There is something about a good conversation that is completely satisfying. The Victorian prose fiction I am reading, my new professional position, and some new acquaintances inspired me to do a little research on the topic of conversation. On one hand, conversation is described as an art. On the other hand, it is called a lost art; ‘The Oxford Dictionary’ defines it as informal communication while another source states that conversation must follow specific rules of etiquette. Conversation seems to be a fraught topic. There are mountains of books about conversation with titles like ‘Crucial Conversations,’ and ‘Crucial Confrontations.’ There are writing about ‘conversational narcissism,’ which sounds like it just might lead to an awkward silence, or worse, an awkward turtle. I found books written about conversation theory, the Bhom Dialogue, and one that described conversation as the most painfully difficult thing people engage in. Everything I read agreed on one point: conversation is indispensable to people, and a fundamental part of daily life. Maybe that’s was there are so many contradictory texts and theories on the subject. It seems that conversation can be sparkling, or you can have a tin ear for dialogue.
I like a good conversation; during the last few weeks I made some acquaintances who also really like a good chat. We had so much fun conversing that we found our selves talking about how startling it is to meet a group of people who thoroughly enjoy and appreciate conversation. We discovered that vocabulary, tropes and theme the conversation essentials for our klatches – we do enjoy a good metaphor. It is quite surprising to find yourself discussing this sort of thing in conversation. If you are anything at all like me you probably never thought about things like vocabulary and use of tropes in casual, informal communication.
According to the anthropologists who’s work I read this week conversation is anything but casual. I think I agree with them. Conversation, dialogue, and discourse are, for me, barometers of society and the individual. They are appropriately complex in exactly the way Barthes described in ‘Image, Music, Text.’ What was most startling to me about our klatches is the presence of the etiquette required to expand conversations. Etiquette means following the ‘rules prescribed by convention or authority;’ its root is an old French word that means ‘label.’ This is all suddenly very revealing to me, and sent me straight back to my Approaches to Text reading list.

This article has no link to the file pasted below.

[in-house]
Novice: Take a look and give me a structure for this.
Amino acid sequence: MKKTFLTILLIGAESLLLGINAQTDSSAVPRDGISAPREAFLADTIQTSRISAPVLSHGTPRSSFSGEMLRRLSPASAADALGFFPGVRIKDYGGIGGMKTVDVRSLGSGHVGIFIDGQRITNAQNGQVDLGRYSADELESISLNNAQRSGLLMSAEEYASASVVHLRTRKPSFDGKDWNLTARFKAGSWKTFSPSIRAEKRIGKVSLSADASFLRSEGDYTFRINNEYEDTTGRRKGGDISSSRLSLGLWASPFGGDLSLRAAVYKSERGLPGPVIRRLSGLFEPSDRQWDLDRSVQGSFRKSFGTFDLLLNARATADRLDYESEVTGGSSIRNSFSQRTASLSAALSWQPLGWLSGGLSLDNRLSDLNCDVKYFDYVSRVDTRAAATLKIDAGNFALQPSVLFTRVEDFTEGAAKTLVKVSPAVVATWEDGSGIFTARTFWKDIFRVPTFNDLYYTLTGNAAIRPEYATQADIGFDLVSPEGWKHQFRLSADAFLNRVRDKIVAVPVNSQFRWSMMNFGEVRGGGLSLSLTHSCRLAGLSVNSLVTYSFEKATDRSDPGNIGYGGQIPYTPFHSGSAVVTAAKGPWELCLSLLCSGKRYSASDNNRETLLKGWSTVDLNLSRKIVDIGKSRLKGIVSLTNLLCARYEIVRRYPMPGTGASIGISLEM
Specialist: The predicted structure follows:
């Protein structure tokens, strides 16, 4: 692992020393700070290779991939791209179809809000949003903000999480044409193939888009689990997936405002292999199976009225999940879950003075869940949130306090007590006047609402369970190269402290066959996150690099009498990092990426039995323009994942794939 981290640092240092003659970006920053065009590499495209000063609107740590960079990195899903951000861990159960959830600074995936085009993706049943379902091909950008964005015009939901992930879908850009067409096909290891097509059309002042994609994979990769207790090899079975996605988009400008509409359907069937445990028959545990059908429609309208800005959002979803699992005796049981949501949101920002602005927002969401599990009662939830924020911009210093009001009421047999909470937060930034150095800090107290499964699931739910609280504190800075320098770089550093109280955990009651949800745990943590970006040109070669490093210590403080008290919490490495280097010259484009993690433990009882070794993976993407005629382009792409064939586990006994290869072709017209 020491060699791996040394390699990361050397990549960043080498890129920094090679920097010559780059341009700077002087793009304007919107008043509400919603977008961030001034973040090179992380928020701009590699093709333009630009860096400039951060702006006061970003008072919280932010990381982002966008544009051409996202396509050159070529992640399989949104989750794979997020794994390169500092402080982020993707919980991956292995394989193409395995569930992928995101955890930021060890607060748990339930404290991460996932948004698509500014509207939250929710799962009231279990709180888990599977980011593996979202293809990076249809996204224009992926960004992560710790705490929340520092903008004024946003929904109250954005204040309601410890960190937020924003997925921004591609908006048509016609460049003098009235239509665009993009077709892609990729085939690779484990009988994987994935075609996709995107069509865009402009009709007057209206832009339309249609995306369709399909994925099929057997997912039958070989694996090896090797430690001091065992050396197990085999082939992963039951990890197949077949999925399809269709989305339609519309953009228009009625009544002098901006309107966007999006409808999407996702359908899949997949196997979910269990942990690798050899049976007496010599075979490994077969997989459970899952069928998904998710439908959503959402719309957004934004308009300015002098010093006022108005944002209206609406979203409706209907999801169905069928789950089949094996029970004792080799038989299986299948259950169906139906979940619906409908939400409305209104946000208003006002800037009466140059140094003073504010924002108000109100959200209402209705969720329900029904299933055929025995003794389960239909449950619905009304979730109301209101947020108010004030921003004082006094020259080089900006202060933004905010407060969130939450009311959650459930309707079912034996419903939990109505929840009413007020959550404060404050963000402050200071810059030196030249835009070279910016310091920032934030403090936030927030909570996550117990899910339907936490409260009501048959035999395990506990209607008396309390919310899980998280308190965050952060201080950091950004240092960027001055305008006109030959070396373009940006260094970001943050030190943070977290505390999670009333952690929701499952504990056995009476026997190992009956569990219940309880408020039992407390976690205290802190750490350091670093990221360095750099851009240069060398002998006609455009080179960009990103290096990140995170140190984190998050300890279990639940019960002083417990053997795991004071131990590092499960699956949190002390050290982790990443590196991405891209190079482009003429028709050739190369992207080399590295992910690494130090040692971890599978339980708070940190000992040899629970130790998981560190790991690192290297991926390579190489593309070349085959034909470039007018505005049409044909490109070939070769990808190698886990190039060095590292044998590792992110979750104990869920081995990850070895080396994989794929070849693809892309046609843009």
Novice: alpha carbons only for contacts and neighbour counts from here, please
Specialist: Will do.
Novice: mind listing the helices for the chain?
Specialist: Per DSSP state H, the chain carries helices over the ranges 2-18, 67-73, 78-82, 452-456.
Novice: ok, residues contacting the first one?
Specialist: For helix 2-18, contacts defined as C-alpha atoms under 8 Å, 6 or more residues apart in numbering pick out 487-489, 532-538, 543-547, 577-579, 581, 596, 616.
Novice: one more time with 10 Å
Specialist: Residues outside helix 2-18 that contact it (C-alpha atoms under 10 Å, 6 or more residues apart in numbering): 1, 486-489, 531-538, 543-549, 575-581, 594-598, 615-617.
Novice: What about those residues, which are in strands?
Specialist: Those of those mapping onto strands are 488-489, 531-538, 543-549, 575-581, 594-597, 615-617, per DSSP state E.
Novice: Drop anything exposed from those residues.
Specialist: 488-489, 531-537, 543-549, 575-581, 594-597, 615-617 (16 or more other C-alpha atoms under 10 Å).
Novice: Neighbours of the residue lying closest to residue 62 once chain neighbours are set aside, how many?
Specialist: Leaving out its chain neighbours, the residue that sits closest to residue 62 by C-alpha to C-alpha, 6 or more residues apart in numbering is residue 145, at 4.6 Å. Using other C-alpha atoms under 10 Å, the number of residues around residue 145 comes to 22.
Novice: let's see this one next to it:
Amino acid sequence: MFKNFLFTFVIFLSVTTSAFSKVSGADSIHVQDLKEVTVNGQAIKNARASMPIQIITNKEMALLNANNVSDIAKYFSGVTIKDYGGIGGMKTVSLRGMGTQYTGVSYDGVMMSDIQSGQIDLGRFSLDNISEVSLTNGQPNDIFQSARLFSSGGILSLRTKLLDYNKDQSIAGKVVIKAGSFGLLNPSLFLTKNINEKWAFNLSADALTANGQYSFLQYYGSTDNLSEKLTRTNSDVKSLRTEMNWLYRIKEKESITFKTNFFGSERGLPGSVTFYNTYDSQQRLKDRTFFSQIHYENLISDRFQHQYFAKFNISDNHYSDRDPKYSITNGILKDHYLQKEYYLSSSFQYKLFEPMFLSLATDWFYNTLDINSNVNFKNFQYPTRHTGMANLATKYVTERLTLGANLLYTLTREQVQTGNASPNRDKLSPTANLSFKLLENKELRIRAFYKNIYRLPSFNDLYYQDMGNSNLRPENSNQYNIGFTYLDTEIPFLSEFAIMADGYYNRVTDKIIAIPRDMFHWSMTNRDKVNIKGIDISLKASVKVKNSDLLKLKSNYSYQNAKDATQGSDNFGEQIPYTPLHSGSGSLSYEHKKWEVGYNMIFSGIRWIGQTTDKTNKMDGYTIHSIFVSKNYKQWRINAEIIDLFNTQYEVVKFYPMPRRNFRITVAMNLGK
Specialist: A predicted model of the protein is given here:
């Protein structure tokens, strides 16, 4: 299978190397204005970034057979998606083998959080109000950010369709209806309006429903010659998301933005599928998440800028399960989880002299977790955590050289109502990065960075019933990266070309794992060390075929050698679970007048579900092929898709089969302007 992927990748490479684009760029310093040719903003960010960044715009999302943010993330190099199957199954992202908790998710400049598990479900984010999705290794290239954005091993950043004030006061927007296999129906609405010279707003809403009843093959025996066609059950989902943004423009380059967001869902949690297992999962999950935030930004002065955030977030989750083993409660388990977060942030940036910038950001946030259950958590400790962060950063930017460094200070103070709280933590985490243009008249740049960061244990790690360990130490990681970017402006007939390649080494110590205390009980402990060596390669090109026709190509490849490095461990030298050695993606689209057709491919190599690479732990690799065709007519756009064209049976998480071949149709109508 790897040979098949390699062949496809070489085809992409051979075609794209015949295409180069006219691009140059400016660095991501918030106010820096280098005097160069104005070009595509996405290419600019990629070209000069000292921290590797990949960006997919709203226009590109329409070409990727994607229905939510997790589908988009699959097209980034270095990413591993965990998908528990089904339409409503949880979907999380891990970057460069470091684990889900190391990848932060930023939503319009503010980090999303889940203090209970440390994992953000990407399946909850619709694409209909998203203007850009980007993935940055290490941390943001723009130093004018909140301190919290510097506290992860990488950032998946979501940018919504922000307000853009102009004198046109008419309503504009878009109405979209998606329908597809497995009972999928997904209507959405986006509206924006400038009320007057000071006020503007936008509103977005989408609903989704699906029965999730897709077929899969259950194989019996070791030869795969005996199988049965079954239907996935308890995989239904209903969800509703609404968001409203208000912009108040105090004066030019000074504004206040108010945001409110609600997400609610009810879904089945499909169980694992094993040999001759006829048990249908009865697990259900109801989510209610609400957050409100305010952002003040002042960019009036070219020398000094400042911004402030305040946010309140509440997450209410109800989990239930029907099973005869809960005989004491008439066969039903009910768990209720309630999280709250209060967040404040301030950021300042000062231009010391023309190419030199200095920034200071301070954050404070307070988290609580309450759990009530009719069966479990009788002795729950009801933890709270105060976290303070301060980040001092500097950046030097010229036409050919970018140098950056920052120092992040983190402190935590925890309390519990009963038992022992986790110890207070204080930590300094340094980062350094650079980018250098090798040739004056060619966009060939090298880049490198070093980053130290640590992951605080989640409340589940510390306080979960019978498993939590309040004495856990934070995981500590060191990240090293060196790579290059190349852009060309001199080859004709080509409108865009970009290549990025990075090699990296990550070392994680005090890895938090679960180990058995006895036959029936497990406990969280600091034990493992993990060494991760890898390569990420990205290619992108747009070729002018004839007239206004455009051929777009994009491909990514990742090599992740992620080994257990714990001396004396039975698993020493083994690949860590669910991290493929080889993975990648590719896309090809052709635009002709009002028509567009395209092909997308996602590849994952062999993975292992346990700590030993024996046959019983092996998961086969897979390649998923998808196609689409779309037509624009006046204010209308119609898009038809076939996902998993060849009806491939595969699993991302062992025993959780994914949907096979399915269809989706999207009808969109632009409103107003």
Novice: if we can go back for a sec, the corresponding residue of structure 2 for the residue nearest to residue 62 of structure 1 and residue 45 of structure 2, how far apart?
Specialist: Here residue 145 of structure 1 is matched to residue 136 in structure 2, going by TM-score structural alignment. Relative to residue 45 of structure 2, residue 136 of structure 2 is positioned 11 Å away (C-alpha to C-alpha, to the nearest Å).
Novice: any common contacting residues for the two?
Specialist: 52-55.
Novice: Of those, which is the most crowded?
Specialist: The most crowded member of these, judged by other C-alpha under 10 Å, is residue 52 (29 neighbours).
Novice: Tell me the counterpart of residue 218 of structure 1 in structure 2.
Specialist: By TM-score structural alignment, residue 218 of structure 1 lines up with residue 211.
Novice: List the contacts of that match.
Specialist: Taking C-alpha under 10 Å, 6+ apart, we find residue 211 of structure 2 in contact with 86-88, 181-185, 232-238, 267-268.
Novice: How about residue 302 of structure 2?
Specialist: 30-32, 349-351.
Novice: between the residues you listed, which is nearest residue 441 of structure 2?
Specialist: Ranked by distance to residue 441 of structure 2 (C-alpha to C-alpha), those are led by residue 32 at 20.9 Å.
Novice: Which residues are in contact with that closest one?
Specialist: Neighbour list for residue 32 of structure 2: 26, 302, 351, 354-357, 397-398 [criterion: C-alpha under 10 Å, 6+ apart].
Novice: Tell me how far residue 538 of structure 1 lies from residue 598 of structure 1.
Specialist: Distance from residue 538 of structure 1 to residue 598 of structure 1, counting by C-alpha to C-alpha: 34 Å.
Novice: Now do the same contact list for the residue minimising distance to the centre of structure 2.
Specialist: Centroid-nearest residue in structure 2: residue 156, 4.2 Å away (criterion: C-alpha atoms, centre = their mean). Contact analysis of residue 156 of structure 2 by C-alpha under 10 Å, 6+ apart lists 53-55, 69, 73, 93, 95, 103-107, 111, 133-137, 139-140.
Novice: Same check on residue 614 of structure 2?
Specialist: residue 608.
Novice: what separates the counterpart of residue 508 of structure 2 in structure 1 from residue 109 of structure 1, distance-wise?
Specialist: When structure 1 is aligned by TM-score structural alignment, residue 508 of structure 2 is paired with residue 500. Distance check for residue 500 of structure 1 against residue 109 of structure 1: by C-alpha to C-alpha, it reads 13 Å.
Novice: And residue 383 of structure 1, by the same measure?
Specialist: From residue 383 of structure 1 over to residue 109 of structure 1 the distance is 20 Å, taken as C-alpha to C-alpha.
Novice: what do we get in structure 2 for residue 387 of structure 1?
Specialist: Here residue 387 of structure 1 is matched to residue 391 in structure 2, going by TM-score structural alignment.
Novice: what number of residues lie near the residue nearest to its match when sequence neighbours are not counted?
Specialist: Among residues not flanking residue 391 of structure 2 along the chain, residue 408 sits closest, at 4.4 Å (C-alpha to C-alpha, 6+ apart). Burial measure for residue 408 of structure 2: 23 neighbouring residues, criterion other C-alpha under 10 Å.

The ‘Approaches to Text’ unit is one that I return to again and again in my learning journey. My conversationalist friends, the Victorian authors’ splendid dialogue, and my new professional responsibilities developing communications materials for a non-profit organization converged last week. I love that there is so much to learn, and appreciate the relevance of the topics we study; this week I realized how much I love the process of studying, and applying the material in my daily life. I have never been so glad to be studying English and Comparative Literature.
Studying English and Comparative Literature is one of the best decisions I ever made. When I began studying I expected to use my education and degree to achieve professional goals, and I have, beyond my wildest expectations. What I did not really expect, or at least could not visualize, is how studying English and Comparative Literature would completely change how I think and express myself. That’s something worth talking about.